$$v_{cm}^{2}=\frac{3}{4}gh$$

$$v_{cm}=\sqrt{\frac{4}{3}gh}$$

Note the the velocity (and translational kinetic energy) of the center of mass for the rotating cylinder at the bottom of the incline is less than the velocity (and translational kinetic energy) of the cylinder that slides down the incline without rotating because of no static friction. This has to be so because the initial gravitational potential energy is divided up into translational and rotational kinetic energy.

There's no such thing as a free lunch!

But I'm still somewhat confused by this. Since the rotational kinetic energy of the cylinder comes from the potencial gravitational energy that it had at the top of the plane, it must be the case that its weight is doing work that causes to rotate. But I don't understand how this can happen, since weight exerts no torque around the center of mass.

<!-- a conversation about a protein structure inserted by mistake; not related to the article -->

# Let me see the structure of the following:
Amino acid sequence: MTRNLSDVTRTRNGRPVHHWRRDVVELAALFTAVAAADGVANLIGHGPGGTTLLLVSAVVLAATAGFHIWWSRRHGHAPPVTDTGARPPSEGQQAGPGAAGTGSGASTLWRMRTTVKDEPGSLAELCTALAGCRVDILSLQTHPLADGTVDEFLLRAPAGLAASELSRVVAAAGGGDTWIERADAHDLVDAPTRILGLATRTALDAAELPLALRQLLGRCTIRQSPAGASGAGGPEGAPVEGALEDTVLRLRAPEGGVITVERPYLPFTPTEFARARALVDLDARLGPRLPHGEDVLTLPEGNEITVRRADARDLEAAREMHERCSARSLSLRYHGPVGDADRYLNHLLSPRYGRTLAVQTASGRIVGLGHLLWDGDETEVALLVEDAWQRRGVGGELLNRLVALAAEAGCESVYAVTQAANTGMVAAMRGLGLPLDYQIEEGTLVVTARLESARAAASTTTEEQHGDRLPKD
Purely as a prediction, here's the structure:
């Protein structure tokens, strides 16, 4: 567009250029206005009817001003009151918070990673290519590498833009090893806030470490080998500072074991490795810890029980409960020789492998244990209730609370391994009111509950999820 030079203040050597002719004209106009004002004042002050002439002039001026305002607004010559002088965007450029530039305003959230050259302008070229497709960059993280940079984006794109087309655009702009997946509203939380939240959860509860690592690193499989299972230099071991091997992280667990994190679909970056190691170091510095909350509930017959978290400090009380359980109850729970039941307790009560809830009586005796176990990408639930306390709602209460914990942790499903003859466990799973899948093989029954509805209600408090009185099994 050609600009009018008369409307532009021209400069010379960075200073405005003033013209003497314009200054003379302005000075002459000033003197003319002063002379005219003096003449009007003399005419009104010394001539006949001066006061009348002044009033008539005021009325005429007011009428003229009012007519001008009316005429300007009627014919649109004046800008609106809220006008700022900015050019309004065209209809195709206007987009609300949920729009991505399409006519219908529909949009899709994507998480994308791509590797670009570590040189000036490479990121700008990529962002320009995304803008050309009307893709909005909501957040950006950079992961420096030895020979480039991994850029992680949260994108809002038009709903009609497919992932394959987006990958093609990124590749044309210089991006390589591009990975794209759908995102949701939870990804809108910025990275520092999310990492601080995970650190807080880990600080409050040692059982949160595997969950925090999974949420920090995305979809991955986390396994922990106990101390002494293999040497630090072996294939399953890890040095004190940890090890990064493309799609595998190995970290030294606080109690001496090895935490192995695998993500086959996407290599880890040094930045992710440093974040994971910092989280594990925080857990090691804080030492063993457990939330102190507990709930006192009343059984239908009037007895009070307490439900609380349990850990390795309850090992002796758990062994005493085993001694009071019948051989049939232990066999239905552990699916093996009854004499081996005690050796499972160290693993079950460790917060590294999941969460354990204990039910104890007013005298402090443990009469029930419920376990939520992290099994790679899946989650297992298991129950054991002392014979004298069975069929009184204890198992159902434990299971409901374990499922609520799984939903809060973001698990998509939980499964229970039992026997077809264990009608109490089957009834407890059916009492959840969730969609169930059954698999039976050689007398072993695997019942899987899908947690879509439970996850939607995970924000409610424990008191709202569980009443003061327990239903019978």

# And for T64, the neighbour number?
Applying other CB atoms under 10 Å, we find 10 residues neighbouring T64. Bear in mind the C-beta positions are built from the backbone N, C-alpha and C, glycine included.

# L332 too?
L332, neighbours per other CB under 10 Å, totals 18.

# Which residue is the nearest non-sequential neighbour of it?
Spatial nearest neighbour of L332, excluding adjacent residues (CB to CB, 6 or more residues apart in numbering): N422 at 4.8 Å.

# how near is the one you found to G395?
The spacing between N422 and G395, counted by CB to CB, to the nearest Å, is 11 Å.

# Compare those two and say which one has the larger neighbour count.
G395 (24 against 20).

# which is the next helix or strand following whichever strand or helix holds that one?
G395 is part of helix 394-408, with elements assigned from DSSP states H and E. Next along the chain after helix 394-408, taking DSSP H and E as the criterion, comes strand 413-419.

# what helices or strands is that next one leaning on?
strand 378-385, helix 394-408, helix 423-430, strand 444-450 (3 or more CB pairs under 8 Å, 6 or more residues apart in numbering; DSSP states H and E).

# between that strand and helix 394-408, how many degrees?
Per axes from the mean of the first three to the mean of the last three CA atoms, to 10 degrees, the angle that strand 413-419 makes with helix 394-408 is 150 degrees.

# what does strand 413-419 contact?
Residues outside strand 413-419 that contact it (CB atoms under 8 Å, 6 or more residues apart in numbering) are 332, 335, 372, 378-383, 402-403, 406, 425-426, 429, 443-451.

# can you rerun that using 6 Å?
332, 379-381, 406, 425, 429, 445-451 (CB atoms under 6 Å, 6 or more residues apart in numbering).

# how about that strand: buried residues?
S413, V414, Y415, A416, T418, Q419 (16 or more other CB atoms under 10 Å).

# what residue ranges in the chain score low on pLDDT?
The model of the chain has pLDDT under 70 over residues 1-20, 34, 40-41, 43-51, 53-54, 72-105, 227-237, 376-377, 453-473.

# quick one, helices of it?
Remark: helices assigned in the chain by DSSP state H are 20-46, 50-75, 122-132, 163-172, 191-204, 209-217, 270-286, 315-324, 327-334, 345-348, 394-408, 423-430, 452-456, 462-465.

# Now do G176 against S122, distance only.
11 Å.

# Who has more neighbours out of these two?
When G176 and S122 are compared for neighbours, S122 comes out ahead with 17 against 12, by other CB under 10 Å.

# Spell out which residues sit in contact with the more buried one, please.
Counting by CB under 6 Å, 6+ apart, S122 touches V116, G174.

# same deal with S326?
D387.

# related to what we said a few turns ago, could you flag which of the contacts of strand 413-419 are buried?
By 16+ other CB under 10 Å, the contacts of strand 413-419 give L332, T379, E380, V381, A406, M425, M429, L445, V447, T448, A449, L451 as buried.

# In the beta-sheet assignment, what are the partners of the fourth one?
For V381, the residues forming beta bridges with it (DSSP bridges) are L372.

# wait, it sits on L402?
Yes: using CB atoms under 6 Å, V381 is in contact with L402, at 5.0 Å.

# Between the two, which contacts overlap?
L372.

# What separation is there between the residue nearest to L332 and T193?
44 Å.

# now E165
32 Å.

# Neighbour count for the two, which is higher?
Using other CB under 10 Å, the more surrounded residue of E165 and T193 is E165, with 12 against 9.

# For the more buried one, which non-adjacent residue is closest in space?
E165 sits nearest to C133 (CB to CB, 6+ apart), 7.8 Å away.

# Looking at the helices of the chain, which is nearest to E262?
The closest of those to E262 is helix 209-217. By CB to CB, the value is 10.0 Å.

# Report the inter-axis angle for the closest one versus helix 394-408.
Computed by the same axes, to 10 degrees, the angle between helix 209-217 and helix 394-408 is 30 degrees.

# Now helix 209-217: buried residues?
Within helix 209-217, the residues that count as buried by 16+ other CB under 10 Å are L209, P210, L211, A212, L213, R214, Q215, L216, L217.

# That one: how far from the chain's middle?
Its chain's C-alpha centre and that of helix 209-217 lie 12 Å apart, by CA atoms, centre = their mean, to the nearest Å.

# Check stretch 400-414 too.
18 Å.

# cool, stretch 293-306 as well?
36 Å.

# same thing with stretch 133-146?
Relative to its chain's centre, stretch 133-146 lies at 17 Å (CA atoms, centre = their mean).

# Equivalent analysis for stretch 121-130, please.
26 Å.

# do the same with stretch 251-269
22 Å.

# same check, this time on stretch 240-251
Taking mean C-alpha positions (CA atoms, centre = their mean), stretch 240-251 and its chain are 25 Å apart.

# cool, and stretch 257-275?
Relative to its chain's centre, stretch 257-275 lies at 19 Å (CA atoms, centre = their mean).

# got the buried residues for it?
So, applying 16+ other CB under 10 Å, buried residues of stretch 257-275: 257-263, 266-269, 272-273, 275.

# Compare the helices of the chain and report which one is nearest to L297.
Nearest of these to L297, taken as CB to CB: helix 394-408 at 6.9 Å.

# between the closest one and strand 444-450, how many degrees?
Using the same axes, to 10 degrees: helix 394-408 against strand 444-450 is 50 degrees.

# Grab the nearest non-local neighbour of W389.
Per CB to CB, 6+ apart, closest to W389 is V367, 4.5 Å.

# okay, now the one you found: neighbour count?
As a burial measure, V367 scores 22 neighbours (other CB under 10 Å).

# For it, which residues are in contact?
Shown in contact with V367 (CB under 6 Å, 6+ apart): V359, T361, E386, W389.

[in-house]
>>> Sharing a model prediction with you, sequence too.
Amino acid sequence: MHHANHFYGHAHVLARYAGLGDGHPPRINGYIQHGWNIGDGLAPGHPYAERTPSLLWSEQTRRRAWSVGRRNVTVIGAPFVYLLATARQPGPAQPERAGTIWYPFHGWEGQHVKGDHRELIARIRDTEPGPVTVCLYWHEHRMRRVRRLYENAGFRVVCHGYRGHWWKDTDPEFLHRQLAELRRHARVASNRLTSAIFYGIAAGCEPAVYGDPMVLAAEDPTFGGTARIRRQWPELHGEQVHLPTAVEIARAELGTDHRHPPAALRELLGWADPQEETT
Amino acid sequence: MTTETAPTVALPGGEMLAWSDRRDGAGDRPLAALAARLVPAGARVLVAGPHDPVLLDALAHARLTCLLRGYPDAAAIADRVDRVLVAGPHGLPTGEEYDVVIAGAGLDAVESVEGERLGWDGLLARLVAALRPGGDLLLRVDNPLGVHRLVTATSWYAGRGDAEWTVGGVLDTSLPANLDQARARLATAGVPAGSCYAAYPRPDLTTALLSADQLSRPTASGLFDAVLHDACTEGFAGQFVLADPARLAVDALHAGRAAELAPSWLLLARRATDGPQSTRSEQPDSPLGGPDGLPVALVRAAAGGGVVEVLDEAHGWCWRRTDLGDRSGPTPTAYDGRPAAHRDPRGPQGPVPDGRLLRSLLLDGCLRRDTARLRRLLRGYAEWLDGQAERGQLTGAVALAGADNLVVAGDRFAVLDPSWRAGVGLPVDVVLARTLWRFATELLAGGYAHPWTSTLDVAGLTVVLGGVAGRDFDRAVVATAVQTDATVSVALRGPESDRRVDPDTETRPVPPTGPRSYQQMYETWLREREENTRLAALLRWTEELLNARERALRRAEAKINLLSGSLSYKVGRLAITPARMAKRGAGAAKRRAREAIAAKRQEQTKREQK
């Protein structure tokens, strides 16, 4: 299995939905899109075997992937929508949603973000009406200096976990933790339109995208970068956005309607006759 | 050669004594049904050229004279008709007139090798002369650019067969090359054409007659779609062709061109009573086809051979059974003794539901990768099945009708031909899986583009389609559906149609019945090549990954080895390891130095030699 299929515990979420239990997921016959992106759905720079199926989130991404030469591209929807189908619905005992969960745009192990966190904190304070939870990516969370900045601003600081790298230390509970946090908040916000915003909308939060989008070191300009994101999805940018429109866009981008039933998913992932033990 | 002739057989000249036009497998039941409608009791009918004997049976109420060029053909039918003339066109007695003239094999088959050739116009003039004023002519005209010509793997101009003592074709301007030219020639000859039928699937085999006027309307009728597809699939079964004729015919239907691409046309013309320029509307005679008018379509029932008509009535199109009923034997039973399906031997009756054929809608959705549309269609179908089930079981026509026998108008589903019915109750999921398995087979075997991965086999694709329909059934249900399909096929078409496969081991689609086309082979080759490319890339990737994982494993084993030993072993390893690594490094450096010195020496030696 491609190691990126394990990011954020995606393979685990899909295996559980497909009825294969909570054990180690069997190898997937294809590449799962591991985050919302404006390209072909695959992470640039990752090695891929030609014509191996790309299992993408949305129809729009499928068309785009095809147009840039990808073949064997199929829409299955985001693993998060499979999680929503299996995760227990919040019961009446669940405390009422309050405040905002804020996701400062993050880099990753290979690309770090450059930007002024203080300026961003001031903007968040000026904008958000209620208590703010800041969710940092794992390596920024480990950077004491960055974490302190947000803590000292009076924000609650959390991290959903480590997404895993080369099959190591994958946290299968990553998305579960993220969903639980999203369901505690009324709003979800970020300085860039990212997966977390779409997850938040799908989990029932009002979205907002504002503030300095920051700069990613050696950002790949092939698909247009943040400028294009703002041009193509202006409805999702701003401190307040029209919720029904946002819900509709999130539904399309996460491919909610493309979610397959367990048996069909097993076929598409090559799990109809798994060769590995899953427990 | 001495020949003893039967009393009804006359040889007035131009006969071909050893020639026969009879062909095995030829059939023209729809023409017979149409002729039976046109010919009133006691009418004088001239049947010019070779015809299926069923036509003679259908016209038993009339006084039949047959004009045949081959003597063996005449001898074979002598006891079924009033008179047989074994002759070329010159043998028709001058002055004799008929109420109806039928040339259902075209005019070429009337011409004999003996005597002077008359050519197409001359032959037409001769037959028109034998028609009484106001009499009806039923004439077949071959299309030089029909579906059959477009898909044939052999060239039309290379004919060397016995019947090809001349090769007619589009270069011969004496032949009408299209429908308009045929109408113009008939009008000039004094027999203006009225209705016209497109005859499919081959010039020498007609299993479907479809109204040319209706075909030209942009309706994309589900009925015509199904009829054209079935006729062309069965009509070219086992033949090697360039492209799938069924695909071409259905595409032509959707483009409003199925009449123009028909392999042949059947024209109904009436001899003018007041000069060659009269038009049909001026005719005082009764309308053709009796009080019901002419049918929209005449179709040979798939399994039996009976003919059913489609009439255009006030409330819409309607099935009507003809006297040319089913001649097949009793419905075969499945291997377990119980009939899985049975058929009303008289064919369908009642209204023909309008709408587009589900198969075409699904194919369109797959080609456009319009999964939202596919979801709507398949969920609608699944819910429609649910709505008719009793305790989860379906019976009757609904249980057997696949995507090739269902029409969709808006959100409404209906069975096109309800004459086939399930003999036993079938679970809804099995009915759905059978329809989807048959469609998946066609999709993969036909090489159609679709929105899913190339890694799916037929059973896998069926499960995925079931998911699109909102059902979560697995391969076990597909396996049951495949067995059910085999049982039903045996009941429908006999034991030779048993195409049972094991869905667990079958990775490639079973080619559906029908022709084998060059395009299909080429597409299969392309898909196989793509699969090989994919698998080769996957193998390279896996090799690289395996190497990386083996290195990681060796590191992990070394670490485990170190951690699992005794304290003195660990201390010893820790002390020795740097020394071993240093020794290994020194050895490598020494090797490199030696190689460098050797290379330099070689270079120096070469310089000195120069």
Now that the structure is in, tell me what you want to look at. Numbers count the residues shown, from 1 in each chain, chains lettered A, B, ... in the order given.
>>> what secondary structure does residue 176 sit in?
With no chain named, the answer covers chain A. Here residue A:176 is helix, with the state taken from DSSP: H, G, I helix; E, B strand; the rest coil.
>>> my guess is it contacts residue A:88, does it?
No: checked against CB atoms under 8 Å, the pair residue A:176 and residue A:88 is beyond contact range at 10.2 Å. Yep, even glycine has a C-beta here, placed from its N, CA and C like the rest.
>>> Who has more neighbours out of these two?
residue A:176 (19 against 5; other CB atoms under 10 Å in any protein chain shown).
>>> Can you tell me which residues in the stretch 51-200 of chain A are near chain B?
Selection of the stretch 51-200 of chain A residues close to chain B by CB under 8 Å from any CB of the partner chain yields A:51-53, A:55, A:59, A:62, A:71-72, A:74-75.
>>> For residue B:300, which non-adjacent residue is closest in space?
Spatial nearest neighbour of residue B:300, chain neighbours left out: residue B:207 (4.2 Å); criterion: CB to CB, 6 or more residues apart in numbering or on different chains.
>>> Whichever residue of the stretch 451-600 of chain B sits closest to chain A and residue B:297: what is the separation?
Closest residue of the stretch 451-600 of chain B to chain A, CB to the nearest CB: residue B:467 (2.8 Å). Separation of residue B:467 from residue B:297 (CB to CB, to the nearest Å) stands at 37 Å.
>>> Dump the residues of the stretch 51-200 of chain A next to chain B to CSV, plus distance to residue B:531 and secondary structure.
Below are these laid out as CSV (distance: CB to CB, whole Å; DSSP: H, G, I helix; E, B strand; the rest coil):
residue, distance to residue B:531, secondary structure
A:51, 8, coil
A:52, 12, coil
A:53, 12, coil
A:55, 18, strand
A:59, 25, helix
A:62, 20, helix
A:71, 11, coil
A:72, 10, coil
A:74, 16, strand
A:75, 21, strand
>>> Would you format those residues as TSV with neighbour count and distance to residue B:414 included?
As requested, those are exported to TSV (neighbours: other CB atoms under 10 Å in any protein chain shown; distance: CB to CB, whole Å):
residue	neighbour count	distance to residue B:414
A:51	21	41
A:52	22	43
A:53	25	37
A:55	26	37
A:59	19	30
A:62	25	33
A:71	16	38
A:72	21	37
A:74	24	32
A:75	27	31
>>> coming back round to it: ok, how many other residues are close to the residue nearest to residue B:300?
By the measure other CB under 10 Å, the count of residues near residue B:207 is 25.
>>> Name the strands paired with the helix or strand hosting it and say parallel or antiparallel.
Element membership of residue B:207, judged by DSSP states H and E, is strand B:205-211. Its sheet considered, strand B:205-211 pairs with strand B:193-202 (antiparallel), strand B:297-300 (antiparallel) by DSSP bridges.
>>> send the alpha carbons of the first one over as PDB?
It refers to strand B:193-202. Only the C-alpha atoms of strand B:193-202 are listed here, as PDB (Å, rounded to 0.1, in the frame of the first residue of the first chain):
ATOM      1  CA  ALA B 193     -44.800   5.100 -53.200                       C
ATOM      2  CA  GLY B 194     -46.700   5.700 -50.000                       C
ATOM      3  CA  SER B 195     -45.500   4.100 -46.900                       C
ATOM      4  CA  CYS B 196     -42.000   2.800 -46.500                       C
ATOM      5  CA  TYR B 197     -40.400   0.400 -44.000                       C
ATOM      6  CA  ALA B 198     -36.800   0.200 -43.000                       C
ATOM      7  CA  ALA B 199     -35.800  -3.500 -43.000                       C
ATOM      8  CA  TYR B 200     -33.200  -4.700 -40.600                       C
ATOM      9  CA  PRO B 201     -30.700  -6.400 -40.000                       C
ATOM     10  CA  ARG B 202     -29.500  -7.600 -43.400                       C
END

It is the static friction force that causes the torque about the CM, not the weight. The torque $$\tau$$ caused by the static friction force $$F_s$$ where the radius of the cylinder is $$r$$ is

$$\tau = F_{s}r$$

The weight limits the maximum possible static friction force. If the maximum static friction force is exceeded, the cylinder will start to slide.

The maximum possible static friction force is

$$F_{s-max}=\mu N= \mu mgcos\theta$$

Where $$\theta$$ is the angle of the incline and $$\mu$$ is the coefficient of static friction. In order for the cylinder to roll without sliding,

$$F_{s}<\mu N$$

I have included the free body diagrams below of the cylinder sliding without rolling and rolling without sliding.

Hope this helps.